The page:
Getting ahead of risk
How to attract and serve commercial clients without burdening your back office
By Steve Bartels
With limited resources and technology, community banks must leverage automation to help them create efﬁciencies around fraud and risk management so they can better serve corporate clients. The right technology can help banks avoid back-ofﬁce bottlenecks and manage fraud more effectively, while also allowing them to offer a level of service that lets them compete with larger institutions for business accounts.
Put another way, community banks need automation to grow. It’s as simple as that.
How the fraud landscape drains resources and hampers growth
Check and ACH fraud combined account for nearly $10 billion in losses annually. With only a routing number and an account number, cybercriminals can do a lot of damage, particularly to businesses with growing numbers of transactions but no way to detect fraud at scale.
Banks that want to serve businesses need solutions that assess risk and manage fraud for their customers. But unless their solutions have the ability to scale, the operational lift required to manage fraud can quickly overwhelm both the institution and its customers.
This strain on resources not only limits community banks’ ability to attract and serve large commercial accounts, but also limits their ability to onboard new business customers without overwhelming their back-ofﬁce and support staff.
This makes growth problematic at best.
The need to compete
According to a Harvard report, “Community banks’ share of U.S. banking assets and lending markets has fallen from 41% in 1994 to 22% today, while the market share of the top ﬁve largest banks has more than doubled from 17% to 41%.”
To weather this downward trend in market share, community banks may consider diversifying out of consumer lending and into business products and services. Many, though, feel unprepared to manage the complexity associated with larger commercial accounts. But, despite limited resources, community banks can support advanced business services with the help of the right technology.
Risk and fraud management solutions are a perfect example of the technology gap often facing community banks. Large institutions have robust offerings that address risk and fraud; to compete for business customers, community banks need comparable offerings. To compete at the highest level, risk and fraud management tools have to be:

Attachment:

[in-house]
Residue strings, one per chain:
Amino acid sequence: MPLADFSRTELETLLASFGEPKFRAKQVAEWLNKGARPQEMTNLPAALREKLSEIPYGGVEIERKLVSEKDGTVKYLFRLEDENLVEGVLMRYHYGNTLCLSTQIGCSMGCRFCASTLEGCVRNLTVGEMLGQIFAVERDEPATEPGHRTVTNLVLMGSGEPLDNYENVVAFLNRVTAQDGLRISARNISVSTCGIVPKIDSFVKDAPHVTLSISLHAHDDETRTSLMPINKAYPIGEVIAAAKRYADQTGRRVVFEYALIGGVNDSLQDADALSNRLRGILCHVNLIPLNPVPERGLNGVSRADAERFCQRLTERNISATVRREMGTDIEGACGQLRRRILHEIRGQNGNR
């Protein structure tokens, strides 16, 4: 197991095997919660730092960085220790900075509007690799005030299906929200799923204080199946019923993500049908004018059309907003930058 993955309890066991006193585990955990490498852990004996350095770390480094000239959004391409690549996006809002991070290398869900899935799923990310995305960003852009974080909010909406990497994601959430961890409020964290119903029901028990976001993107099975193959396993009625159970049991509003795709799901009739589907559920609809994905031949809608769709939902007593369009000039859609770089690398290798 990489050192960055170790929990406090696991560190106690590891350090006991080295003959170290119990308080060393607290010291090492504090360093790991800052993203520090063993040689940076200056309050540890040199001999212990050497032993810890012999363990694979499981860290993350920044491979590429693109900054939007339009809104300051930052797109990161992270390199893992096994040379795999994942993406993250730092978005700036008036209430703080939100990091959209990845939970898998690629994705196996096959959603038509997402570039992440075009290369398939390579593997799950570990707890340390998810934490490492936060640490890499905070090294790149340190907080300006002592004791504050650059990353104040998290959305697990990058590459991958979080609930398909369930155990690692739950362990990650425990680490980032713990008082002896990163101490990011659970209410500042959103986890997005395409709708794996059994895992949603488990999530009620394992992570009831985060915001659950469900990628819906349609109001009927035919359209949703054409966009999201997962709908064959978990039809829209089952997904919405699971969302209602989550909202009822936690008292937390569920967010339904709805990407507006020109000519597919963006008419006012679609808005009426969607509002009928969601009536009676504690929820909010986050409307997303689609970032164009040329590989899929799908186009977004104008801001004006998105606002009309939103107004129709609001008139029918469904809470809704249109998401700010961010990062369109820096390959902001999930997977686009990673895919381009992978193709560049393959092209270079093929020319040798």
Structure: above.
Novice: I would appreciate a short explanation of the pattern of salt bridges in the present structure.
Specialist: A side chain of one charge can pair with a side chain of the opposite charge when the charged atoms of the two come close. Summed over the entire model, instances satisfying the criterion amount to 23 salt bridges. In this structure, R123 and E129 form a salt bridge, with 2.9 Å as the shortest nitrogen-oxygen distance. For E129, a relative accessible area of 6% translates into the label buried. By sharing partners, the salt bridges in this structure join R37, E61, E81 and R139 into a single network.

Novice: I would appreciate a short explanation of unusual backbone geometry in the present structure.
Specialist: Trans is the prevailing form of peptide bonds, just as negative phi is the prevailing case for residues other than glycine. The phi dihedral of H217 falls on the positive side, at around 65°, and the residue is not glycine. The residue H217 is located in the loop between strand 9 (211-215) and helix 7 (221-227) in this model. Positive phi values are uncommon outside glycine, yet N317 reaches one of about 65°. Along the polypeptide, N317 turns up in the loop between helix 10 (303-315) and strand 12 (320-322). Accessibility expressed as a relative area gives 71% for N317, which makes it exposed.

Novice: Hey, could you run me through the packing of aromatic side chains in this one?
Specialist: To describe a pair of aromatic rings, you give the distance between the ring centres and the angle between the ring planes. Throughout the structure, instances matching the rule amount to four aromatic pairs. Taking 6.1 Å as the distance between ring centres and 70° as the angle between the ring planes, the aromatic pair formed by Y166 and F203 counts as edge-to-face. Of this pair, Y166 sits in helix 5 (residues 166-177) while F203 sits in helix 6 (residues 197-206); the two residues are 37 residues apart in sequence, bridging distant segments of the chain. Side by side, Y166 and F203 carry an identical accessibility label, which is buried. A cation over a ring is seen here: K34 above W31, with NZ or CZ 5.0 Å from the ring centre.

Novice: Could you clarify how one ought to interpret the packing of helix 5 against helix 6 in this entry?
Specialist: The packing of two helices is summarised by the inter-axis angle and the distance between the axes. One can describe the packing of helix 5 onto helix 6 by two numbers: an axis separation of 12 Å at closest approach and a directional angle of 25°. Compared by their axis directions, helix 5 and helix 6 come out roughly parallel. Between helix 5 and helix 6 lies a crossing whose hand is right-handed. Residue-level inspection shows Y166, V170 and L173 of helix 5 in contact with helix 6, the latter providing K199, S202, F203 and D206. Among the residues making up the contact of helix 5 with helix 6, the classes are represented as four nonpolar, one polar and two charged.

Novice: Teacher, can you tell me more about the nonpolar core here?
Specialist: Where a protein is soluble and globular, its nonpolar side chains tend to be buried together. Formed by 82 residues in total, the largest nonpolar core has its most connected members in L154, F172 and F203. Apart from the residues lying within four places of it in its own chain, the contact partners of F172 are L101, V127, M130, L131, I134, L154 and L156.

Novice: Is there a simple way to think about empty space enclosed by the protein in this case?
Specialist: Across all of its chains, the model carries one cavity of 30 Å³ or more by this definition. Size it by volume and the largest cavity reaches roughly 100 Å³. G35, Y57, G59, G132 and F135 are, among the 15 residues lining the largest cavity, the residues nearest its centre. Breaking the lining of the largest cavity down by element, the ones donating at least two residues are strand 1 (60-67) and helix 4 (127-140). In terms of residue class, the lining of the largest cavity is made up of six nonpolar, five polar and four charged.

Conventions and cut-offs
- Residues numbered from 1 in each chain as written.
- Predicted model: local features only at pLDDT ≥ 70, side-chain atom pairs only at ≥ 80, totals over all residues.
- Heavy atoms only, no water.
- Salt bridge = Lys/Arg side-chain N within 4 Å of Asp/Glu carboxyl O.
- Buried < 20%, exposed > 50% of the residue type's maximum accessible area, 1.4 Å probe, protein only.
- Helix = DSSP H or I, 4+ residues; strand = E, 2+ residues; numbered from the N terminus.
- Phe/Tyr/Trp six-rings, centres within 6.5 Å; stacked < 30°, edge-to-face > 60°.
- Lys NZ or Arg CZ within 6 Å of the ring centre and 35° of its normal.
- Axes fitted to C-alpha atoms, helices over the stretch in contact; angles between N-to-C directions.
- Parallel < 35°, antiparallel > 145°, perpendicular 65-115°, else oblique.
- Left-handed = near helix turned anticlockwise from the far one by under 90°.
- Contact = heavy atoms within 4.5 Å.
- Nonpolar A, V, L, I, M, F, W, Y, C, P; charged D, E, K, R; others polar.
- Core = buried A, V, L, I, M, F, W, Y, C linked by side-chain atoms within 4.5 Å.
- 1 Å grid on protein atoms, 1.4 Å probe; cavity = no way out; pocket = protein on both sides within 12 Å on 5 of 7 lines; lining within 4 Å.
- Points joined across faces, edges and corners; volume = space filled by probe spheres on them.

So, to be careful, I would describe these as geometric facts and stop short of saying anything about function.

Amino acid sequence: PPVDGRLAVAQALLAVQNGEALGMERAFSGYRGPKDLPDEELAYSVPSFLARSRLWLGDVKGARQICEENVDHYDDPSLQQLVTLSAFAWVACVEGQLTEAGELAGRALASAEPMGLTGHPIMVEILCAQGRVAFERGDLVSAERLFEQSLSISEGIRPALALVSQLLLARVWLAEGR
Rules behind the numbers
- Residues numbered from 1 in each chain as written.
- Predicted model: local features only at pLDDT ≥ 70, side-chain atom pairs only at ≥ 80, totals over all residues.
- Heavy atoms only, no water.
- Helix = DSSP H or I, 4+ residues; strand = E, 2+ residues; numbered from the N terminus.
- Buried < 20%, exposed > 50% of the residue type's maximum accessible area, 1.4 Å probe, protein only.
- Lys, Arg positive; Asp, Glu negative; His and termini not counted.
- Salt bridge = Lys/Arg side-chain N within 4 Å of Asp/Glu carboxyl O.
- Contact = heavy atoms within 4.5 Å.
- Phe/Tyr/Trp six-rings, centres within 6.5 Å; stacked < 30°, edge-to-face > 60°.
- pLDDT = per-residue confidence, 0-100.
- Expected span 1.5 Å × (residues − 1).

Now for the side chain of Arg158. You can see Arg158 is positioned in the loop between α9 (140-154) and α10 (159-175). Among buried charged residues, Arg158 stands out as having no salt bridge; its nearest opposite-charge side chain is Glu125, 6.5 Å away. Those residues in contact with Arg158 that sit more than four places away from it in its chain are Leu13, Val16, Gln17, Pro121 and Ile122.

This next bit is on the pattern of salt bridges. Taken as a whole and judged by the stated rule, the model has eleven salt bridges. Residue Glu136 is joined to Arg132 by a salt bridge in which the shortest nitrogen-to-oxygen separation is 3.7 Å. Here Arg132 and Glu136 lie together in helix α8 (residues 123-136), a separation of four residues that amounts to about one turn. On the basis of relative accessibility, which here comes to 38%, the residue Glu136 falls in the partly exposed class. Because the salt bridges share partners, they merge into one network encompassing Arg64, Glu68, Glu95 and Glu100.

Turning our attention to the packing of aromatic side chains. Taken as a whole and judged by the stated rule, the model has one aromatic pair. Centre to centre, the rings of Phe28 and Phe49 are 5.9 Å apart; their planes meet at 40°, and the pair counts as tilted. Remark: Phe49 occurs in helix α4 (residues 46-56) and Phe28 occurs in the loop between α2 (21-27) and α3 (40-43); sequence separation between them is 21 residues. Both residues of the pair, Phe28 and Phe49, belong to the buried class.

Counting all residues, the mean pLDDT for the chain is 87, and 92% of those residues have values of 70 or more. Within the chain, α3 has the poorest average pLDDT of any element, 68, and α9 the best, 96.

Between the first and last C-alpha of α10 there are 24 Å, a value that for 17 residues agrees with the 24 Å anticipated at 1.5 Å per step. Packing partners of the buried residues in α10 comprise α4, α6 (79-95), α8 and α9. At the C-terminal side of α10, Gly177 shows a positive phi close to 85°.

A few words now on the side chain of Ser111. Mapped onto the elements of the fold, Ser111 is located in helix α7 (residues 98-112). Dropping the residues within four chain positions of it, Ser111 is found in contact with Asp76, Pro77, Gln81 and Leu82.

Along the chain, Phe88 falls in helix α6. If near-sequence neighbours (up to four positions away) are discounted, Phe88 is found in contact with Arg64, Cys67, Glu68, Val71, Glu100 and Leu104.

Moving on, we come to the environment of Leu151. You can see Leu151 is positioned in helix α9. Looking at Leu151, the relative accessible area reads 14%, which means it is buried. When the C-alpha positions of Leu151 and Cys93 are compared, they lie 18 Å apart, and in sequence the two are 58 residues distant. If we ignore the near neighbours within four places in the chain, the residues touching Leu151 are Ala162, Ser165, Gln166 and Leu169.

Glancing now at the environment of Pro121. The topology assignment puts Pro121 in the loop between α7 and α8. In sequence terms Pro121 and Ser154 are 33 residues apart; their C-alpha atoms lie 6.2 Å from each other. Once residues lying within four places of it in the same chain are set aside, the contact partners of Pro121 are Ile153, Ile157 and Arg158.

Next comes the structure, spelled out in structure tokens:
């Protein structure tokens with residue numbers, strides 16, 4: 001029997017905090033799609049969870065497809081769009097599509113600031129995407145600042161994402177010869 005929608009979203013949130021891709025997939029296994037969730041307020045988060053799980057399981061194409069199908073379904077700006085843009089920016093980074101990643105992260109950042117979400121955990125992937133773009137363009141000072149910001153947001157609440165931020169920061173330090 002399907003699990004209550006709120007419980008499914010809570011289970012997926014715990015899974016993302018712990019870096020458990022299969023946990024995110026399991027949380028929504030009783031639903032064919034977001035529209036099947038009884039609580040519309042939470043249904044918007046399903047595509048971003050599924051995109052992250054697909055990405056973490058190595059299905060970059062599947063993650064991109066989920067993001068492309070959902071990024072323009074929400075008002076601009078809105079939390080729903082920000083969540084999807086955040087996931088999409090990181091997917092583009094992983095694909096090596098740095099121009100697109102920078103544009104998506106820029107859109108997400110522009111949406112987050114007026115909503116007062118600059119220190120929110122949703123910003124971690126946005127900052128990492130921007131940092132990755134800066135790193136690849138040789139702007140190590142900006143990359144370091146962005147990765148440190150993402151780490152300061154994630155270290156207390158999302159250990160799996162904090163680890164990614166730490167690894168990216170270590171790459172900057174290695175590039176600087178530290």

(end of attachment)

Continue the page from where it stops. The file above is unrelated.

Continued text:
Community banks have to do a lot with a little. The more processes they can automate, the more time they can spend serving accountholders. Automation can also help reduce the errors potentially created in manual processes, as well as create audit and reporting trails crucial to compliance.
A solution that enables growth is only as good as its ability to scale with the growth it creates. Even with only moderate customer growth, the constantly increasing incidence of fraud makes detecting and managing it a heavy lift. The ability to easily scale fraud mitigation efforts will be crucial in the years to come.
A better experience
To date, non-ﬁnancial brands like Amazon and Netﬂix have been setting the bar high for seamless, intuitive user experiences. Financial institutions that aren’t meeting these expectations don’t inspire conﬁdence. They appear out-of-date, their end users are likely frustrated and they’ll ﬁnd it increasingly difﬁcult to compete with more tech savvy FIs.
The often-heard counter argument to this point is that slick user experiences fall within the purview of consumer-targeted technology; the expectations around commercial solutions, including fraud and risk management tools, are different. This may have been true a few years ago, but the expectation gap is closing.
Commercial users know what consumer experiences are like from their daily, personal interactions with best-in-class providers, and today they’re less forgiving of subpar usability in their commercial solutions.
At the end of the day, commercial solutions don’t have to be piecemeal; they should be comprehensive, integrated and easy to use. They should be user-friendly and aligned with need and expectations alike.
This is true of the experiences both within the bank and those they offer to their accountholders. Even if a solution isn’t customer-facing, if it has subpar usability, it will hurt productivity and possibly require additional or on-going training.
The cost of ignoring your back ofﬁce
In January 2018, Hawaii was alerted to incoming ballistic missiles. It was not, they were told, a drill. For half an hour the state believed it was under attack, until it was revealed that the intended communication should’ve indicated it was only a test of the system.
The culprit was clumsy technology. The choices for “test alert” and “real alert” were too similar in the warning system’s interface.
Translating this incident to bank operations, a poorly managed back ofﬁce and inelegant technology can cause problems with serious fallout. A bank may not be able to put the fear of a missile attack into its accountholders, but they can just as easily fail to spot fraud, make transactional mistakes or fail to maintain compliance if their back-ofﬁce tools are antiquated, clumsy or confusing.
This makes it difﬁcult to maintain the status quo, much less compete and grow.
The painful truth is that investing only in customer-facing solutions, while ignoring back-ofﬁce upgrades won’t do much good in the long run. Everything starts with the inner culture and back ofﬁce.
The 2018 World Economic Forum report by Bain & Company suggests that only about 1% of the over a trillion dollars invested in transforming digital banking will achieve the targeted return on investment.
Additional research by McKinsey & Company suggests that upgrades to back-ofﬁce technology and increasing automation can result in an improvement of more than 50% in both productivity and customer service.